Killjoys Season 1

What a great show. The worldbuilding is really incredible. There are only ten episodes in the first season, but there’s a lot packed in there, and it never feels like an info dump. Bits and pieces are parsed out in fairly episodic early adventures, giving you all of these pieces that fit together, building for a grand finale. Sometimes when shows do this, especially RTD era Doctor Who, it can feel incredibly forced, but this feels natural.

It does so much with just ten episodes. It introduces and makes you care about so many characters without making a big deal of it. There are the three leads, but also a bunch of side characters who wind up being important. They’re introduced and built up in a really gradual good way, so by the end I care about them. It builds up all these little pieces to get me invested in not just the leads, but everyone, so when they’re put in peril at the season finale I really care.

God, what a finale. All the pieces come together, cohering into a great adventure that doesn’t entirely get resolved, but teases about what comes next.

At the end of the last episode I texted the friend who told me to check it out, like, really? That’s where it ends? And now I have to wait? That isn’t fair, I need MORE, RIGHT NOW.

It’s just so good. I can’t wait until the second season. They set up so many super cool things, and now I want to see how it all works out!!!! I’m still waiting for Dutch’s backstory to be more than casual orientalism in space clothes, but there’s clearly more going on than we’ve seen yet, and they still have a chance to be better.

There’s still a lot of ways this could go wrong. A great start is only worth so much as long as they can keep it going or find some sort of satisfying conclusion. The first season is ten episodes of the world getting bigger and bigger — I’m not sure where they’re going to go from here, but I’m really excited to find out.

Killjoys is like, my dream kinda trashy beautiful sci-fi show. It isn’t serious/grim/dark like Battlestar Galactica, but it’s substantial. Amanda Tapping shows up in a tiny role, which wouldn’t be worth mentioning, but it never feels like a proper sci-fi show until a Stargate actor makes an appearance. There’s a character named Khlyen, who I thought was named “Klein” but of course not, because it’s a sci-fi show. Of course it’s spelled Khlyen. That’s the level of grand they’re aspiring to.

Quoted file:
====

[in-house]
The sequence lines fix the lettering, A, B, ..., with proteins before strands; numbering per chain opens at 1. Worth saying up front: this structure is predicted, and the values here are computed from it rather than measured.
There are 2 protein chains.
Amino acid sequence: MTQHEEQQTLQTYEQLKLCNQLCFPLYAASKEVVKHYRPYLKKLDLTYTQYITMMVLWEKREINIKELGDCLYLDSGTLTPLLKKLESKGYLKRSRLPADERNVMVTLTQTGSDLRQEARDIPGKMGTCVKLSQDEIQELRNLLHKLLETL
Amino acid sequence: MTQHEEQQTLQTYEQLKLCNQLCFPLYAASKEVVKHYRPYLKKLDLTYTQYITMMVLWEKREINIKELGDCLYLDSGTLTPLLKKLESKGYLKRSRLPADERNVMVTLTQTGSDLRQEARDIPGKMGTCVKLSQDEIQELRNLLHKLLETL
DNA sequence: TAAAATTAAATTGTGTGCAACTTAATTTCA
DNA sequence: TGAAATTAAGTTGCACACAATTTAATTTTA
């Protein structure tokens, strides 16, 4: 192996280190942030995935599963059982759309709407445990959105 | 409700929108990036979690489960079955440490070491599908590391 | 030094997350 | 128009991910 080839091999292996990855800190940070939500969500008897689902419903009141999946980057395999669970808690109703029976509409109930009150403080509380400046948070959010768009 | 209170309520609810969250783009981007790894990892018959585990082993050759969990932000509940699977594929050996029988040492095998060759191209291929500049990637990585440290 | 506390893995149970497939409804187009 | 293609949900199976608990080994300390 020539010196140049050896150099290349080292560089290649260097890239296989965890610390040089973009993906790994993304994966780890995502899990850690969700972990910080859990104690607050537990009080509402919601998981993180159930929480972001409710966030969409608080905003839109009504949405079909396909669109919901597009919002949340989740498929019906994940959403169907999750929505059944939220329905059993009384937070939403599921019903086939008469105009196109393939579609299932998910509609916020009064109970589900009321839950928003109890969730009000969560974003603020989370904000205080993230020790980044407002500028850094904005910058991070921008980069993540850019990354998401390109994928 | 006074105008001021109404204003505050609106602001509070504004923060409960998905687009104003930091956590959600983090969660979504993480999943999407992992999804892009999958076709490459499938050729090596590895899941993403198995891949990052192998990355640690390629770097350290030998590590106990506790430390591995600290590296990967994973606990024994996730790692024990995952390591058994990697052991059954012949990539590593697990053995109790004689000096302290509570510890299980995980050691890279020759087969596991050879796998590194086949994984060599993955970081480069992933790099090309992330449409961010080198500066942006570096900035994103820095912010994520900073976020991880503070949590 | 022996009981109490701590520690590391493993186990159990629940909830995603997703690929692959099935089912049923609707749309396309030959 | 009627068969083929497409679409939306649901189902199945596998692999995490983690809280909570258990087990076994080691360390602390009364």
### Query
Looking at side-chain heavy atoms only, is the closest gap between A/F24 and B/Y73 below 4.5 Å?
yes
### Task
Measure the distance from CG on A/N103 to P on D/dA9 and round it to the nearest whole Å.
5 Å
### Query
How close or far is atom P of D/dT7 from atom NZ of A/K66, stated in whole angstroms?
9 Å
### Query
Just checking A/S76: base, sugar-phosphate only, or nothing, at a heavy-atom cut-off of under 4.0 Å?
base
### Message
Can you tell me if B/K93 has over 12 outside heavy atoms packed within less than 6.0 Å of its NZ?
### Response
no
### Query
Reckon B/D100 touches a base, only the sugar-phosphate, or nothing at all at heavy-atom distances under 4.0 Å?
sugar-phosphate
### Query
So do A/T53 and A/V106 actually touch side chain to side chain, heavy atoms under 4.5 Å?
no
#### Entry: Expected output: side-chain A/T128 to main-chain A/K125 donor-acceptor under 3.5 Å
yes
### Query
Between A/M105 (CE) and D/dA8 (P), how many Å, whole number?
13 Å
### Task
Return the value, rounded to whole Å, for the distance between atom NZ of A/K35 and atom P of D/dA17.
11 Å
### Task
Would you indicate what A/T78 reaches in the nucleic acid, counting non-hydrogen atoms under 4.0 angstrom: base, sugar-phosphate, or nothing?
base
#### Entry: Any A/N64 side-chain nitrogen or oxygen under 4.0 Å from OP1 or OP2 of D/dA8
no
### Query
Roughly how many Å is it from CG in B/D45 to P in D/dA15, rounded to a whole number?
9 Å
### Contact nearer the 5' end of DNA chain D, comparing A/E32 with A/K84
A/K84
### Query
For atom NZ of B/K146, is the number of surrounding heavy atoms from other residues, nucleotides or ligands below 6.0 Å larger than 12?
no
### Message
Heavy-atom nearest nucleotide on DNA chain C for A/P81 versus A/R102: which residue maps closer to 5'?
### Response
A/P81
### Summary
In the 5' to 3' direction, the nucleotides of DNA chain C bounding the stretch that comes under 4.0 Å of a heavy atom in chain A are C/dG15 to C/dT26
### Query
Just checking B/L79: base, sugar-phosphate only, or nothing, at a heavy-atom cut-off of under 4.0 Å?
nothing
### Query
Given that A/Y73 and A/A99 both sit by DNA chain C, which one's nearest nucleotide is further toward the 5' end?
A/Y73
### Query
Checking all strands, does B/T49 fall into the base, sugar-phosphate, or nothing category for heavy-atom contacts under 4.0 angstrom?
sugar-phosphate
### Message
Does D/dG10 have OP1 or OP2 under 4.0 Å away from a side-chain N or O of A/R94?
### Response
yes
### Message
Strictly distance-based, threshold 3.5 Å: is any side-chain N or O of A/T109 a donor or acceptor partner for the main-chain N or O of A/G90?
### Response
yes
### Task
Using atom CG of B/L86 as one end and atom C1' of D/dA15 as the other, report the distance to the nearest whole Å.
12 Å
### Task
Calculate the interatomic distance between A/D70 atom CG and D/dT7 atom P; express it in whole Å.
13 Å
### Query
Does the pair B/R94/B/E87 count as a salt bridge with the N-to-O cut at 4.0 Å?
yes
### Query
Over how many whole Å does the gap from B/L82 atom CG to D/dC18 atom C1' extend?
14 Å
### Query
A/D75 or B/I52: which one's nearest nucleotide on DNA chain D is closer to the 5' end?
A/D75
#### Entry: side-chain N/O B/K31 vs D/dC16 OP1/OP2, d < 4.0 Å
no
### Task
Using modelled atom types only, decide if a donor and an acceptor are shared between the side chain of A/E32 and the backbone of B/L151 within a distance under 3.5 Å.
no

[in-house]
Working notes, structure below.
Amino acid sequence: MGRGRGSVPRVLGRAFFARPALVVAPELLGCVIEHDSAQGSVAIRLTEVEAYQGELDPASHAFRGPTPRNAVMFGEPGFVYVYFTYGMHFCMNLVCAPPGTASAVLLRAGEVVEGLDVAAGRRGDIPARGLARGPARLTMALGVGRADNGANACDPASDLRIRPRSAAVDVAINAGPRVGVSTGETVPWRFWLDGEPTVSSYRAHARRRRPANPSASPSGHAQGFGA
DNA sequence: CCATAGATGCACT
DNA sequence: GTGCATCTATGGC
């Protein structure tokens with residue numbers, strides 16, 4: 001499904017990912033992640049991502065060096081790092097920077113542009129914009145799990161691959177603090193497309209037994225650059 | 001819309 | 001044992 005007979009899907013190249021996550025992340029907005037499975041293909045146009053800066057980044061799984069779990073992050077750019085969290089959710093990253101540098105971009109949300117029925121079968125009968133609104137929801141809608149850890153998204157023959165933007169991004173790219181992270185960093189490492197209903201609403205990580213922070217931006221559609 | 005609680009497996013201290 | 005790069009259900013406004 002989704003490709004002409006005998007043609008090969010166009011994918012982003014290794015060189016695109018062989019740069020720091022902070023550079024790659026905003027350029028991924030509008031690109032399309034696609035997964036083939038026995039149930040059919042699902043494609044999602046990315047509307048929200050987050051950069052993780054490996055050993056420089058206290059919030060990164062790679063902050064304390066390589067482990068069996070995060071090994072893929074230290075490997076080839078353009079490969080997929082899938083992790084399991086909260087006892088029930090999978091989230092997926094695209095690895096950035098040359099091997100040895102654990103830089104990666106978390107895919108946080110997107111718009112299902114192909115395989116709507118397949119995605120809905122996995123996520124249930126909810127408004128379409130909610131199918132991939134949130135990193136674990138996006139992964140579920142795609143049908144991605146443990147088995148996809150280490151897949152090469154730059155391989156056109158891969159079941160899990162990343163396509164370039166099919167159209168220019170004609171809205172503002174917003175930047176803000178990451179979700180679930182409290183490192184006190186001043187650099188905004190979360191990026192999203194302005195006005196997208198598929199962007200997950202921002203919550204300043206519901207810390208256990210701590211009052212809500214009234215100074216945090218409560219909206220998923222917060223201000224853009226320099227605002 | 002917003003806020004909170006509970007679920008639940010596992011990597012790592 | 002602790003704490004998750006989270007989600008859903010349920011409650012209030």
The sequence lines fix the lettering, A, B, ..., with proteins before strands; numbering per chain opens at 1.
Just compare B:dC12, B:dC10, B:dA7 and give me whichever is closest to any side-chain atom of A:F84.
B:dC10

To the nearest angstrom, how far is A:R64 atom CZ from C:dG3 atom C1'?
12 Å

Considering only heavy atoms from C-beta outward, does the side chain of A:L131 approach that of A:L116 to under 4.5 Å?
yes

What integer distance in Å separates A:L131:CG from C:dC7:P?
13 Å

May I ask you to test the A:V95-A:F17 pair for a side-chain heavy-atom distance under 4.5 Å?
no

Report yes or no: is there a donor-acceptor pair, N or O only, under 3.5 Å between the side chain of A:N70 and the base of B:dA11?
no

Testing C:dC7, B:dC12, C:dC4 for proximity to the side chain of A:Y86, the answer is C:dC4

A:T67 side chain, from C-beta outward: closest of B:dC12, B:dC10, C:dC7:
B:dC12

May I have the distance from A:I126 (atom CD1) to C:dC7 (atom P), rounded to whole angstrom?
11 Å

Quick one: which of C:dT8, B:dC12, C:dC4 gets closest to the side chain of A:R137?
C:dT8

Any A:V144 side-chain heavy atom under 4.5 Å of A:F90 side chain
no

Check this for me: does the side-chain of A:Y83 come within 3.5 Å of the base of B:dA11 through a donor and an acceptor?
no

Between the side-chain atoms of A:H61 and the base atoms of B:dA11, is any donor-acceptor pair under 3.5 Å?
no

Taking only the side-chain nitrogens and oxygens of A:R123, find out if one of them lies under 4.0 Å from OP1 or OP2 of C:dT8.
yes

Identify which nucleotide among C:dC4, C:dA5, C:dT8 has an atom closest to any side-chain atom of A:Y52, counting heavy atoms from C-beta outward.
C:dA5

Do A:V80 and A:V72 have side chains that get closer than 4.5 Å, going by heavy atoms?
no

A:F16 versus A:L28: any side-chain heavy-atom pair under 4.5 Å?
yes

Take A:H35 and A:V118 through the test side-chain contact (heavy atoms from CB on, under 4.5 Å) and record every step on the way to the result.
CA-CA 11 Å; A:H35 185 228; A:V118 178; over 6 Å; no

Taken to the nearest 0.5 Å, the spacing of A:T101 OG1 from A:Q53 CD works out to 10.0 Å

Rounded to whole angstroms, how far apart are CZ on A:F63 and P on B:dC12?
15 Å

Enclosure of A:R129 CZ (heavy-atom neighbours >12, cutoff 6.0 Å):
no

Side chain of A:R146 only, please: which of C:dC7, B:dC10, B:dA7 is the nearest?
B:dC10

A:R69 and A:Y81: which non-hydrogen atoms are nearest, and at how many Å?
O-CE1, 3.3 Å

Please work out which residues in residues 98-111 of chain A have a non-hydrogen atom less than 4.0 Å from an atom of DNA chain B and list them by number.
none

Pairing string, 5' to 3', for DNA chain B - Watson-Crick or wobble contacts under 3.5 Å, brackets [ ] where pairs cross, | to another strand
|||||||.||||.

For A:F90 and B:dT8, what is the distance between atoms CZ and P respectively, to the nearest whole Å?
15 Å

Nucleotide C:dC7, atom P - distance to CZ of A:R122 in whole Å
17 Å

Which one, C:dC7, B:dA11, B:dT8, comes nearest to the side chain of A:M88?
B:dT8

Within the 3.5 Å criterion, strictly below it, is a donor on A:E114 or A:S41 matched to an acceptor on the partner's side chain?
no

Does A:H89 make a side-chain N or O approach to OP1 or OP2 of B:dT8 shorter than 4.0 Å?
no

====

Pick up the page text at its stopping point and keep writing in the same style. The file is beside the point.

There was a phase where I watched a lot of fairly mediocre but enjoyable sci-fi shows, but then they all disappeared, or I grew up, or something. It really sucked. This is better than most of those things, but it has the same spirit of fun.

The first season was great, I can’t wait to see what goes comes next. Absolutely worth checking out if sci-fi is your jam.

Ricki and the Flash

I rarely go to movies in a first run theater, but my mother and I needed to get out of the house for an afternoon, and had a great time seeing this. I can see my own relations in this mess, but it also makes me feel relatively normal in a fun/weird way.

Meryl Streep is Meryl Streep, and of course fabulous. Mamie Gummer is fantastic as her mess of a daughter. I really liked her character, who’s breakdown is the inciting incident of the whole plot. Yet it still seems like there should have been more about her. Rick Springfield doesn’t get a whole ton to do as the Flash’s guitarist/Rick’s kinda-boyfriend, but he’s really great. It’s very much Ricki’s story, and all of the intriguing side characters suffer from it, never developing as much as I want.

I generally like Diablo Cody scripts, but she definitely isn’t for everyone. The dialogue wasn’t as affected as her work can be sometimes, but it has its moments. The music is actually pretty good, definitely better than I expected.

The very end was kind of schmaltzy, but I think it earned it. It deserved the big finale with a lot of feelings — excessive, maybe, grandiose, sure, but that’s fitting for a wannabe rock star. Overall, a pretty great time.

Welcome To Me

I really liked this movie, even though I’m still not sure if it was more funny or sad. It was unique, and I appreciated that.

The premise — Alice, a woman with borderline personality disorder who’s living on disability benefits, wins the lottery and decides to make a public access show about herself is intriguing, and it’s well done here.

Kristen Wiig is fantastic, as expected. This role gives her a lot to do, and she’s great, making Alice into someone who’s fragile while still knowing what she wants and knowing how to get her way.

The rest of the cast is solid too, but it’s all Wiig’s show, literally. The show-within-the-movie, “Welcome to Me” is a trip. We see bits and pieces of it, as well as behind the scenes. It’s full of oversharing, and super weird, but Alice doesn’t really realize how weird it is. It’s kind of magical, but also terrible.